CSPC: Frozen OST Popularity Analysis
Original Album Sales – Comments
2013 Frozen – 10,900,000
Only four albums topped the 10 million mark on pure album sales during the last five years, both Adele blockbusters 21 and 25, Michael Buble‘s Christmas and then Frozen. This simple fact alone puts the soundtrack among true massively successful records.
That success had mixed fortunes depending on the country though. In Japan, it moved more than 1,2 million units, the highest selling foreign album of the last 10 years. In Italy, the record needed more than a year to reach only Gold status. Why such a discrepancy?
To answer that question, I’ll first ask something else. Have you ever wondered why international movies are much bigger outside of the richest countries than international music?
There is two reasons for that. The first one is that you can sub-title a movie or even record again voices with the local language, you can’t do that in popular music. Way back in the 60s, various artists used to record their songs in many languages to break new countries because English material wasn’t selling. Now that everyone can access to all songs thanks to internet, big pop acts aren’t going to issue songs in several languages of dubious quality. Just think about how credible would Bruno Mars be while singing in Japanese!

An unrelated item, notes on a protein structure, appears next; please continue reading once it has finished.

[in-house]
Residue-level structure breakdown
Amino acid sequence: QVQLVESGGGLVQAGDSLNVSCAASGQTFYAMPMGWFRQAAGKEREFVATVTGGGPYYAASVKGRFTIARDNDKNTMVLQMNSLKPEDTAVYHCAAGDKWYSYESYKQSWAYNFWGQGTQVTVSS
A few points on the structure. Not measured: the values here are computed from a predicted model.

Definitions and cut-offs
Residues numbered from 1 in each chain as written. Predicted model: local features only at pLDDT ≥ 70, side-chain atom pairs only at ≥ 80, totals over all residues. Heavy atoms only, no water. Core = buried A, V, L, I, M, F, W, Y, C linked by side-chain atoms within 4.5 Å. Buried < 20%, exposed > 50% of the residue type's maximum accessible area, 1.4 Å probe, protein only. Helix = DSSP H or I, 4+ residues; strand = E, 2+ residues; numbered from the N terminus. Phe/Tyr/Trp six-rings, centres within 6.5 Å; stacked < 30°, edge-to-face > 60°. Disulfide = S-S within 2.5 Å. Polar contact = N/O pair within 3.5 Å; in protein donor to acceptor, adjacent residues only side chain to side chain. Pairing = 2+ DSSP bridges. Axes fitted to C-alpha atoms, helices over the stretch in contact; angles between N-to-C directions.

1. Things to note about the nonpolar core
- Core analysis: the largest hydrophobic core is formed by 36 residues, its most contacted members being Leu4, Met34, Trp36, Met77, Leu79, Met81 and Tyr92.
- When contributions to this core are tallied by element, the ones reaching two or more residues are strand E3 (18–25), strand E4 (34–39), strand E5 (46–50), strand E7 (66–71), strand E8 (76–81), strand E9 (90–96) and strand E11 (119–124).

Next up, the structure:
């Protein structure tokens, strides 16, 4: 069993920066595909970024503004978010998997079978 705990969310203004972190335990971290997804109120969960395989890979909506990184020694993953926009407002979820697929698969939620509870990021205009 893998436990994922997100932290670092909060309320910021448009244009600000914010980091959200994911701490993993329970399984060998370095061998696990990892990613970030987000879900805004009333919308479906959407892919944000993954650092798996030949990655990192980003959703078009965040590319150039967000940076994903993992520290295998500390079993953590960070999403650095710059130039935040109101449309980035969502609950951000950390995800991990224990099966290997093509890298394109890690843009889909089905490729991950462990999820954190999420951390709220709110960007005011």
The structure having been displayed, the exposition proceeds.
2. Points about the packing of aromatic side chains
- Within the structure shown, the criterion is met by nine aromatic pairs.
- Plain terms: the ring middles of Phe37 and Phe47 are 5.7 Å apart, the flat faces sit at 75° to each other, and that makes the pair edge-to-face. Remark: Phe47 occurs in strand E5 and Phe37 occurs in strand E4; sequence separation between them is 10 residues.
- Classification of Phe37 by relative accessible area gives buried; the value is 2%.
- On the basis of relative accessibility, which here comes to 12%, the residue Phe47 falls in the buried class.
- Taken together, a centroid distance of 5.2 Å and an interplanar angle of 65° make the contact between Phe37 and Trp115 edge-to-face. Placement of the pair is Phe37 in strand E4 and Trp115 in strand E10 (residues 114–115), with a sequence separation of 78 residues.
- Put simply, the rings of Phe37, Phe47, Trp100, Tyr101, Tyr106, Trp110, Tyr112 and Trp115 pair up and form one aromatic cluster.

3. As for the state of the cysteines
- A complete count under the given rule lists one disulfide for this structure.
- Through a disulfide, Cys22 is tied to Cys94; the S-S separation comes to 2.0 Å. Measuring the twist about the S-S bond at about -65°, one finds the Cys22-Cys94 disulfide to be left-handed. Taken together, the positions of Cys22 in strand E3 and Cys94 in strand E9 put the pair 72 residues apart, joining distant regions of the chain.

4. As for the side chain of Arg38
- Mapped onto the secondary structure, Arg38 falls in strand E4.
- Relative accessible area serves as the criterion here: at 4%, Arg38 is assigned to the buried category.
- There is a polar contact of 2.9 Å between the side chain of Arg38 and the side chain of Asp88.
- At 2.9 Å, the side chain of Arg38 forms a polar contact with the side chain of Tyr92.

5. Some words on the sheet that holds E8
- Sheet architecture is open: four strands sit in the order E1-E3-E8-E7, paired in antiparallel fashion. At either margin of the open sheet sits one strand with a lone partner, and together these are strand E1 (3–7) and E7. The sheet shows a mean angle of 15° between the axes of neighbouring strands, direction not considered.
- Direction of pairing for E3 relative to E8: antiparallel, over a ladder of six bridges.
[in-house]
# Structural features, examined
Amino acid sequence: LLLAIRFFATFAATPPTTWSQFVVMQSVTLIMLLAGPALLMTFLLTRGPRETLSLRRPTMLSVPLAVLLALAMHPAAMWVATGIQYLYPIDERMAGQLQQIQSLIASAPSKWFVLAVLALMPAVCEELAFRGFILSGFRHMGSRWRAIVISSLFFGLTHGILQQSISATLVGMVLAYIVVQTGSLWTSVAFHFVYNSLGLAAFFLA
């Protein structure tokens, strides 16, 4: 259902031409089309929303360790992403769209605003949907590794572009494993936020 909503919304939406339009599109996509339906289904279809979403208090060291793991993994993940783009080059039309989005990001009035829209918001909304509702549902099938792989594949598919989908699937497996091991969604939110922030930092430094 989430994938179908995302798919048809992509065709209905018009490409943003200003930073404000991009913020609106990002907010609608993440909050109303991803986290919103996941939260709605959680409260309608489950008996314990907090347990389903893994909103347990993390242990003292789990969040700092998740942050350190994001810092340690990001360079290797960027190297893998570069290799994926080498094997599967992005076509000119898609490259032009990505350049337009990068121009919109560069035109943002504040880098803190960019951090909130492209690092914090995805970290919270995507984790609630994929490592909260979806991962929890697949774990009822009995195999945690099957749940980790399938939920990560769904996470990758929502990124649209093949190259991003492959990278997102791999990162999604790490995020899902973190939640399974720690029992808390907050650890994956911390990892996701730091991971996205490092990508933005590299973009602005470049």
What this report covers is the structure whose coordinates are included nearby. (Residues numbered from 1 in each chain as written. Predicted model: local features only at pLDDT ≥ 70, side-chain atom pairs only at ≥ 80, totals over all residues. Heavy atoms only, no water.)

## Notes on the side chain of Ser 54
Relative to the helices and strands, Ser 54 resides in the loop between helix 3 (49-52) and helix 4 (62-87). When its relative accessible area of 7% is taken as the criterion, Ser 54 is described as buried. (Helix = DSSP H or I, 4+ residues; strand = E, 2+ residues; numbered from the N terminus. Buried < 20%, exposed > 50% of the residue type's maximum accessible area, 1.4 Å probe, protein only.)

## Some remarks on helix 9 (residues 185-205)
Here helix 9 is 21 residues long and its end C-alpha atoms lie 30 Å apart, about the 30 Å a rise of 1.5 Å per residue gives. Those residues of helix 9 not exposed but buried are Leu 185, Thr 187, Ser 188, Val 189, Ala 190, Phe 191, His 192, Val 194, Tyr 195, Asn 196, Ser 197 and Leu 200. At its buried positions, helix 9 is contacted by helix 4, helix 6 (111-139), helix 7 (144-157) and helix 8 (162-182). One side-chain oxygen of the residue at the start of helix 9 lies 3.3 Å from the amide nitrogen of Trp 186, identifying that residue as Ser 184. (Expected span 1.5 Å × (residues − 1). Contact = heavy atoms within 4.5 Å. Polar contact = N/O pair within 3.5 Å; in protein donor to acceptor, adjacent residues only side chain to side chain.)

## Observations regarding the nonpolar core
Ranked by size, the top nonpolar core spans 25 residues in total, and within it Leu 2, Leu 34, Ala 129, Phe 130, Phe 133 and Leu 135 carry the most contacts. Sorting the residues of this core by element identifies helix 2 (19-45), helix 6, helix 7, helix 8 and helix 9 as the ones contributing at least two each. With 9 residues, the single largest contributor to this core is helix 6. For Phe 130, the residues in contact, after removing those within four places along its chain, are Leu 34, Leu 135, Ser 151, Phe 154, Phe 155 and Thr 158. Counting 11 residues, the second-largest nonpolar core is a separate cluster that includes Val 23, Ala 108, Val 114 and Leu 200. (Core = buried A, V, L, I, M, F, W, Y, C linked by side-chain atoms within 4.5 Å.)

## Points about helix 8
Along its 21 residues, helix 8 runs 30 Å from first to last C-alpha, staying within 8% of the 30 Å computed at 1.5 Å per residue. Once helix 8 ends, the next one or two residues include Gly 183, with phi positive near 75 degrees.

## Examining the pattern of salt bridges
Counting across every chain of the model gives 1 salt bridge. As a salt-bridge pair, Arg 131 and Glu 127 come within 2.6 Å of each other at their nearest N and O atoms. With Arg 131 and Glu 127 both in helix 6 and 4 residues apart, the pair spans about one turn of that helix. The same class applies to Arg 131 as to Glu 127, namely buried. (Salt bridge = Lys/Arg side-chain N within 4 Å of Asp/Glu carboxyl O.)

The second element explaining the largest worldwide appeal of movies is that it doesn’t require a record player. In the past, poor countries inhabitants had no money for luxury products like record players while buying a theater ticket times to times was affordable.
That wider appeal led Soundtracks to be historically bigger in many countries than standard studio albums. It is no coincidence if up to 1979 the three best selling albums ever, Sound Of Music, Grease and Saturday Night Fever, were all Soundtracks.
As a global company publishing movies, Disney has been very well installed in many countries for long. They clearly know how to run their business and know about movies specificities. They also know that while adults may buy an album as soon as they can dance to it or like the rhythm, kids need to sing-along the track to enjoy it. They understood as well that the relationship created between a person and a movie when he watches it replaces the relationship a fan will have with his favorite singers. As a result, Disney soundtracks do not need popular acts to be part of them, unknown singers may be just as successful. The huge advantage with unknown singers is that you can switch of vocalist from one country to an other.
Just put all those background elements together. If a Disney movie hits big – which happens quite often – a soundtrack translated into numerous local languages will be a real dark horse to crush the competition. That’s exactly how they handled the Frozen album. The single Let It Go has been issued in as many as 42 different languages!
Oh, one last word. You may wonder “ok, an album which is near a local album in all countries pushed by a huge hit movie may sell well, but then why hasn’t it done too well in Italy?”. This happened in countries where physical album sales have been collapsing a lot for many years and where digital sales never took off, which is the case of Italy. Both facts combined mean almost nobody under 30 ever had the habit to buy albums there, thus the average age of records consumers is fairly high, which obviously limits a lot sales of a product like Frozen.